New Jersey became the third state to ban sales of Tesla cars because they refuse to be part of the franchise system. Texas and Arizona have already instituted the ban based on the idea that in those states you are required to be a franchise in order to sell cars.
I wrote about this issue back in August and spoke about how this new model of selling cars hurts those who pay franchising fees and those who collect those fees. In short, politicians in many states have set up a system wherein anyone who wants to sell cars must pay a bribe to the state in order to have a license. Those who cannot afford the bribe or do not want to pay are not allowed to sell product to consumers.
There’s another aspect to the story. Car dealers make most of their money through service calls and financing, not sales. When people take their car to the dealer for routine maintenance and repair they pay a premium for such service.
If the Tesla method of selling cars catches on; this lucrative form of revenue decreases dramatically. The loan portion of the industry is also severely damaged.
What upsets me most about all the caterwauling from the auto industry and franchise owners in various states is their insistence that they are banning Tesla sales to save the consumers. This is the sort of “it’s for you own good” Liberalism that drives Libertarians like me to drink.
What it really is, is another example of Crony Capitalism where those with money run to legislators and beg to be saved from a new competitor.
It could be that the franchise system is better for consumers. I doubt it, but it could be true. One thing that I know for certain is that it’s not the government’s business to decide what’s the best sales model for a car manufacturer.
We here in the United States don’t have the best cars, the best internet speeds, or the best technology because Crony Capitalism is destroying real capitalism. Are you happy with your internet provider? Your television provider? How many choices do you have? Choices are good for consumers and, in the long run, good for businesses.
In a capitalistic system a business must provide a good product at a price people want if they want to survive an assault from a vigorous new competitor.
In the United States the owner of a business simply heads to the statehouse and bribes the politicians into passing laws to destroy their competitors.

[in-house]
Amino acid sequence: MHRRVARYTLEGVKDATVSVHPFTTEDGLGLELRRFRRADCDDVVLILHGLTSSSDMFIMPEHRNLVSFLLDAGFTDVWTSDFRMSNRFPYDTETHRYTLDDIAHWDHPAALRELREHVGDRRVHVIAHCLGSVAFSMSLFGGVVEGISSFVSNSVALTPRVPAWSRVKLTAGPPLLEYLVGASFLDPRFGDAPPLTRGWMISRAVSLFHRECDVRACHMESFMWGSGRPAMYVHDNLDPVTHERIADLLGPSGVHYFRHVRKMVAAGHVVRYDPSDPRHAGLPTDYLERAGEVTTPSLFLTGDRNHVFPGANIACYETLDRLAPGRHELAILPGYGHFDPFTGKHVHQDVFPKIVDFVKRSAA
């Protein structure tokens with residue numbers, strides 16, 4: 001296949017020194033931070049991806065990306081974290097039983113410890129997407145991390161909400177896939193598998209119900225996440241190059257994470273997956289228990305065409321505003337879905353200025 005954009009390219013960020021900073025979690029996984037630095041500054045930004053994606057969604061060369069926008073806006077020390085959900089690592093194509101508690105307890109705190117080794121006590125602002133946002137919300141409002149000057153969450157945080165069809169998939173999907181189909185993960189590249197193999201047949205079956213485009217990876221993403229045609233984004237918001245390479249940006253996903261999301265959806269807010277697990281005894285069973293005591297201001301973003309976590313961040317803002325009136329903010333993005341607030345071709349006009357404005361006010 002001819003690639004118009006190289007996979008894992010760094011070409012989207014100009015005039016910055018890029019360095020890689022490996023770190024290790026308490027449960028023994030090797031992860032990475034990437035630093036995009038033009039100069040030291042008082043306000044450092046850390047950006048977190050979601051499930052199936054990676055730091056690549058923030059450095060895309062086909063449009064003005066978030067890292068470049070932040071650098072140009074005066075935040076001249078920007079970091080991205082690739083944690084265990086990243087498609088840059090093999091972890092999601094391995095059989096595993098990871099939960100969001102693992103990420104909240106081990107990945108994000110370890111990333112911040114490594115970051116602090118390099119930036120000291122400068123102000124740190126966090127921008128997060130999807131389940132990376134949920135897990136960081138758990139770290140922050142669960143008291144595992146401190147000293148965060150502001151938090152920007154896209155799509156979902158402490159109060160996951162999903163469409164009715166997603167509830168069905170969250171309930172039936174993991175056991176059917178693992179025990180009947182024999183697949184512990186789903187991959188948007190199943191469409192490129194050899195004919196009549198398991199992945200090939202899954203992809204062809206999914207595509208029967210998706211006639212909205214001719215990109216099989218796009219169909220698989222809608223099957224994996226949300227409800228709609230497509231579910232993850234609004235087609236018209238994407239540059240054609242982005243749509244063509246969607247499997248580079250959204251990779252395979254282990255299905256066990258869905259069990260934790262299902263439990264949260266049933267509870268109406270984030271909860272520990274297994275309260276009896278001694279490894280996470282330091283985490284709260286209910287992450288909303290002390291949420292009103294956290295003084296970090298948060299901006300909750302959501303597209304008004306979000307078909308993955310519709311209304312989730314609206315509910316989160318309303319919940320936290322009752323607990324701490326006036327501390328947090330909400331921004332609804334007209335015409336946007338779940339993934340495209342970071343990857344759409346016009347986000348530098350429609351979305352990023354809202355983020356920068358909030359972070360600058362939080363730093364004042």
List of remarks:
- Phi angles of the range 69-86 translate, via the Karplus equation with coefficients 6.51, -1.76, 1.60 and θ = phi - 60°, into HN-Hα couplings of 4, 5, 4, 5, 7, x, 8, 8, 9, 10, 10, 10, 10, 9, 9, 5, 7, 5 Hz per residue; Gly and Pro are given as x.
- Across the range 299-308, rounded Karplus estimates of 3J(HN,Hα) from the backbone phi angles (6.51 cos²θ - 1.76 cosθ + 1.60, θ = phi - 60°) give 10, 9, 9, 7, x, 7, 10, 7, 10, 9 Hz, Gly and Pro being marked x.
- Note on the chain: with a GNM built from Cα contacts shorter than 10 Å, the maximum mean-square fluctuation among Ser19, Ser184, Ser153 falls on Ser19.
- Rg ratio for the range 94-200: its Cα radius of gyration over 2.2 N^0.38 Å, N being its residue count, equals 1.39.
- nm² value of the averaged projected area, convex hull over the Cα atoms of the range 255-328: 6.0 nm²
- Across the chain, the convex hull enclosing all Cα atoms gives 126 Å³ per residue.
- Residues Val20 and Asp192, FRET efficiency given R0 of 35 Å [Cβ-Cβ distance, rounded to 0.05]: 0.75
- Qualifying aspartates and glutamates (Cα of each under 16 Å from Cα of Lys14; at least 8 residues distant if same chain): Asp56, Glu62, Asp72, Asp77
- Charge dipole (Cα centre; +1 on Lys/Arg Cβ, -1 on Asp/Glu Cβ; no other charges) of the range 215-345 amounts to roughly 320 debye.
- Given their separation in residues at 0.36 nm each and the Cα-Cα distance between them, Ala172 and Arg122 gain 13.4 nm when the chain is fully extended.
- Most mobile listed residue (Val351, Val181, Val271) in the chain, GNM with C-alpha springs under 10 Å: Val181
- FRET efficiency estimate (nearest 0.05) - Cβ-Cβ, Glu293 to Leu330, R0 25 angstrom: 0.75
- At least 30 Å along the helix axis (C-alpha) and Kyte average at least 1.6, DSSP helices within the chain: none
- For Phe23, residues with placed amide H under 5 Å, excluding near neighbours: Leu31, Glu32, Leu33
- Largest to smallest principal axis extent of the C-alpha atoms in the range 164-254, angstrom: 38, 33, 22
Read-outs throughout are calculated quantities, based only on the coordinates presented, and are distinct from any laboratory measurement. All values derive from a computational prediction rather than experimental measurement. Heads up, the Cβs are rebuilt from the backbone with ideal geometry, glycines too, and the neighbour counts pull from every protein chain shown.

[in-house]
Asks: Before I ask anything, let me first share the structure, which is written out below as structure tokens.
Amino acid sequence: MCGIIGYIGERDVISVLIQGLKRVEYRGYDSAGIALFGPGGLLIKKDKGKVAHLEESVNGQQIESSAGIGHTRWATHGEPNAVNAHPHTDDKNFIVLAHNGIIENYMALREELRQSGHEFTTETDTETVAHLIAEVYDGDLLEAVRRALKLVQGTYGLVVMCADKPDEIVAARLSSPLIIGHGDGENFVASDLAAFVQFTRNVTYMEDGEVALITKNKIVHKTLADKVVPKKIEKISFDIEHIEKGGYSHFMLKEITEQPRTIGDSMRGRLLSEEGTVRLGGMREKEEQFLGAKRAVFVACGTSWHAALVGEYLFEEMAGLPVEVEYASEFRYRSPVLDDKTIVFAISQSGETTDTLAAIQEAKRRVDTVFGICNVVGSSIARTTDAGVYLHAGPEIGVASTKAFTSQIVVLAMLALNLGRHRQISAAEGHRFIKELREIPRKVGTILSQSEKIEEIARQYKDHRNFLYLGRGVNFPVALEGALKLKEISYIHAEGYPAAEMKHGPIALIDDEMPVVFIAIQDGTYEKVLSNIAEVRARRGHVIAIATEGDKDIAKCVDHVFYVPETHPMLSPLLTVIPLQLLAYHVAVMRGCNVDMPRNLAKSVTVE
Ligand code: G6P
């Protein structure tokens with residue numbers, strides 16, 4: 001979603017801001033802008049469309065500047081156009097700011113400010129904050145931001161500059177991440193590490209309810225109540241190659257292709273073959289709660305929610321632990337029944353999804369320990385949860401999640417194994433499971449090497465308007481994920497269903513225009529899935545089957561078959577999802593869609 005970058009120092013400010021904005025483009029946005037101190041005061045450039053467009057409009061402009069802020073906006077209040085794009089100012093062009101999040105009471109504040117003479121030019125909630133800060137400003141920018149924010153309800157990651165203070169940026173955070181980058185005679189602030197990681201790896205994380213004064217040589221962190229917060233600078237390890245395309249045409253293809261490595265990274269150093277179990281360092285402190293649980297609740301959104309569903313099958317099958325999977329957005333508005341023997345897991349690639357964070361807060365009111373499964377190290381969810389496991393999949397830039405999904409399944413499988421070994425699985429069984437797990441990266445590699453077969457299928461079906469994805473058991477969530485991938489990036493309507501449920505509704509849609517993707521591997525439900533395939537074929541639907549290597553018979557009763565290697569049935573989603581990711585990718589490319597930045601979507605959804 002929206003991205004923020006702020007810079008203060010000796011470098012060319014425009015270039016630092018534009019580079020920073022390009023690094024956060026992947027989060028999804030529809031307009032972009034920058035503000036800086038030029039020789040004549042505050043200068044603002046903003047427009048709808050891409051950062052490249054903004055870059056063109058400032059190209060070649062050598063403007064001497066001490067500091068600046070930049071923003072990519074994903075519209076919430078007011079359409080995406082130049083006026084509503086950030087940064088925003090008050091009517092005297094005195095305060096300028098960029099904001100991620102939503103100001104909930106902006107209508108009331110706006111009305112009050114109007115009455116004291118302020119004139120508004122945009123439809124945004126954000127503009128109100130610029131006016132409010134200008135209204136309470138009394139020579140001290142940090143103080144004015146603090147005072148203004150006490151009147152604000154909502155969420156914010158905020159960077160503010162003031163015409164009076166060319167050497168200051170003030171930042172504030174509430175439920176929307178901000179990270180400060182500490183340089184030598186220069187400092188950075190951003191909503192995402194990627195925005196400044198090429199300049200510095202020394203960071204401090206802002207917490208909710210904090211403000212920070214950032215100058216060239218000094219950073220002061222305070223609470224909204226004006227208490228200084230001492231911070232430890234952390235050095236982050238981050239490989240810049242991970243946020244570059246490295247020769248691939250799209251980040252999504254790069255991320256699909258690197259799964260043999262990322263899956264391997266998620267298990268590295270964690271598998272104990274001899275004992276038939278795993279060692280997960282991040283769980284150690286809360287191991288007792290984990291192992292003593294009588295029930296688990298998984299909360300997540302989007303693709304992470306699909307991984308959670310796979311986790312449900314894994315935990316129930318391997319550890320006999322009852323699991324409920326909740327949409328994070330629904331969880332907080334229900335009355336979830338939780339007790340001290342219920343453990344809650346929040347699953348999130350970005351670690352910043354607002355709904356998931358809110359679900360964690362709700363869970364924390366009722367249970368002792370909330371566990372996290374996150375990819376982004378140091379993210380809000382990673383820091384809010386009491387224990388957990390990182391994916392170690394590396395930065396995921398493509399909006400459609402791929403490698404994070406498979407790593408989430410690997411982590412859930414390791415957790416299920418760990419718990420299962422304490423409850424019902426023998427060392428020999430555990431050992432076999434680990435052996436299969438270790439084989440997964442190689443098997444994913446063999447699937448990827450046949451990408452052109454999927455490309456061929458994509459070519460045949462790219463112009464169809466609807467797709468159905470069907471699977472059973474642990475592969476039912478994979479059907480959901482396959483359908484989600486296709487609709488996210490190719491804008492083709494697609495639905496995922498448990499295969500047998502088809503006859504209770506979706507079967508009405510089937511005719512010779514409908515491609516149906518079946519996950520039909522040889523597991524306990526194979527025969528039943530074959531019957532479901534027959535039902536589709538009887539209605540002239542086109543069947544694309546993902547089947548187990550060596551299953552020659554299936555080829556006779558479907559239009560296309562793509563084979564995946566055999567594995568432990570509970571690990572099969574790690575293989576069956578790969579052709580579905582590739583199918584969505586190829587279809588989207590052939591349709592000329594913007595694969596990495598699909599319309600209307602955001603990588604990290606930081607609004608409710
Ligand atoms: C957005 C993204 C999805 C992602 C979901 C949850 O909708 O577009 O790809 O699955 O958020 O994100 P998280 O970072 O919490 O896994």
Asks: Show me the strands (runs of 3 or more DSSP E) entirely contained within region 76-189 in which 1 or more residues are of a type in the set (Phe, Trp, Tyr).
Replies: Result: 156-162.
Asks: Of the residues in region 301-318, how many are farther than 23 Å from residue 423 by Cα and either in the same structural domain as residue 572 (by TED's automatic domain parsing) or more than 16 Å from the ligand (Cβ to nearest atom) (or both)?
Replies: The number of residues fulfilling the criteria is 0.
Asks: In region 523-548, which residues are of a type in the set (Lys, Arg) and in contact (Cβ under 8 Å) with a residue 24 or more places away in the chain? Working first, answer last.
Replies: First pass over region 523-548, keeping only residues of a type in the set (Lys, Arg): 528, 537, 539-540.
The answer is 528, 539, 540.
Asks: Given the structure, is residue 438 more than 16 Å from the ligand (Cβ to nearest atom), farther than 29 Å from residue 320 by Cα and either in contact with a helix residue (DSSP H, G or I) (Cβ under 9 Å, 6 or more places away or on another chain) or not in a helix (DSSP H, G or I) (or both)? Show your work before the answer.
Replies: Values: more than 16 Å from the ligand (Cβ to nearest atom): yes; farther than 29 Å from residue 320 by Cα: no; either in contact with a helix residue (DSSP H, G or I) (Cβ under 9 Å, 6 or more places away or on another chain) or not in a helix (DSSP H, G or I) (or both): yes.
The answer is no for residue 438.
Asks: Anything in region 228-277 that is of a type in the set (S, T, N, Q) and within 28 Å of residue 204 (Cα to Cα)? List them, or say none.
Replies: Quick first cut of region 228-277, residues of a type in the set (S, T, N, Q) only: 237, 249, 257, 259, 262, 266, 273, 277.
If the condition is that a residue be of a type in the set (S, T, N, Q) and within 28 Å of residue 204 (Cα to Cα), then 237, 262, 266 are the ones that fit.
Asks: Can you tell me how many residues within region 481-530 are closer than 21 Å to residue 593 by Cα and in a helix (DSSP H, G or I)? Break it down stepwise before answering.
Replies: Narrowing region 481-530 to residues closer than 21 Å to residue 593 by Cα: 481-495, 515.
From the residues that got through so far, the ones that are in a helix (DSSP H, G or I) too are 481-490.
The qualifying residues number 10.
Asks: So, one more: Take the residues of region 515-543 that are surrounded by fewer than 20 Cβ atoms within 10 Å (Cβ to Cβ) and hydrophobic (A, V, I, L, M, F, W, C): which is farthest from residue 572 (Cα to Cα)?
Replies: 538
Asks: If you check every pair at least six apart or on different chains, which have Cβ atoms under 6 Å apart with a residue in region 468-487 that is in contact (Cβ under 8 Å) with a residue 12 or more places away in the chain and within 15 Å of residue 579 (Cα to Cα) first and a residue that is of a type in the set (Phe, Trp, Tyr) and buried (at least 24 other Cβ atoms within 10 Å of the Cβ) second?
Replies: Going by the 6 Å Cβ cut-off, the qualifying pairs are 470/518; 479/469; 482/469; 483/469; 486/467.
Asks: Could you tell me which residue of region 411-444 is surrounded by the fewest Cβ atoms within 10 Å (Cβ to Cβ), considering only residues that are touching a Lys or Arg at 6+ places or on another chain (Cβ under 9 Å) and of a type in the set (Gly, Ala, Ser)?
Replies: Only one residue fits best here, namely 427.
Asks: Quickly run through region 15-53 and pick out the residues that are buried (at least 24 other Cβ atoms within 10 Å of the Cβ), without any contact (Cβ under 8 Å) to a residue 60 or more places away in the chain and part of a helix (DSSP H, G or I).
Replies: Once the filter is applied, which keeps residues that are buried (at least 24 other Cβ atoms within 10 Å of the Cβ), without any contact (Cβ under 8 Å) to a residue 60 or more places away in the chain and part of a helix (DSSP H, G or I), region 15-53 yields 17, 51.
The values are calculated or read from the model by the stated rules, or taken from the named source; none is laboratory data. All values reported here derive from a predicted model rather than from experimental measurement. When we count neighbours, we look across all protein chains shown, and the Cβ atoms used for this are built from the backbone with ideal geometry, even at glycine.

I have a word of warning for all the franchise owners who are trying to legislate Tesla out of business.
Elon Musk has a lot of money and bribery goes both ways. Maybe you should think about changing your business model.
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The problem with both electric and hydrogen http://qz.com/186432/why-hydrogen-powered-cars-will-drive-elon-musk-crazy/ fueled cars is that the require power plants to generate the fuel. The IC engine has an efficiency of about 25%. Coal and Natural gas fired power plants have an efficiency of about 30 – 40% Power plants are one of the largest sources of CO2 and other hazardous emissions. Replacements for the IC engine do theoretically reduce overall emissions if we assume there are no losses in transmission or storage which is unlikely. This neglects to take into account the current state of the interstate electric transmission grid which is over-taxed, over capacity, and under maintained.This means that a significant investment in infrastructure capacity upgrade (power plants and transmission grid) will be required for a marginal (at best) improvement in overall emissions. I fail to see the advantage in this approach. http://www.eia.gov/pressroom/presentations/sieminski_06052013.pdf
This site disputes this line of reasoning; http://cleantechnica.com/2014/02/03/grid-capacity-electric-vehicles-actually-problem-studies-find/ but includes the following disclaimer on the site; The content produced by this site is for entertainment purposes only. Opinions and comments published on this site may not be sanctioned by, and do not necessarily represent the views of Sustainable Enterprises Media, Inc., its owners, sponsors, affiliates, or subsidiaries.
Thank you for the comment, Dale.
My post was about Crony Capitalism, not the advantages or disadvantages of electric vehicles; but thank you for the information,
My state, New Mexico, is about to call its very part-time legislature back into special session to come up with a proposal to persuade Tesla to open one of its production (and sales) sites here. About as far from Arizona’s attitude as to adjoining states could be.
Thank you for the comment, chelawriter.
I’ve never been to New Mexico but I’d like to visit … now even more so!
Come back any time,
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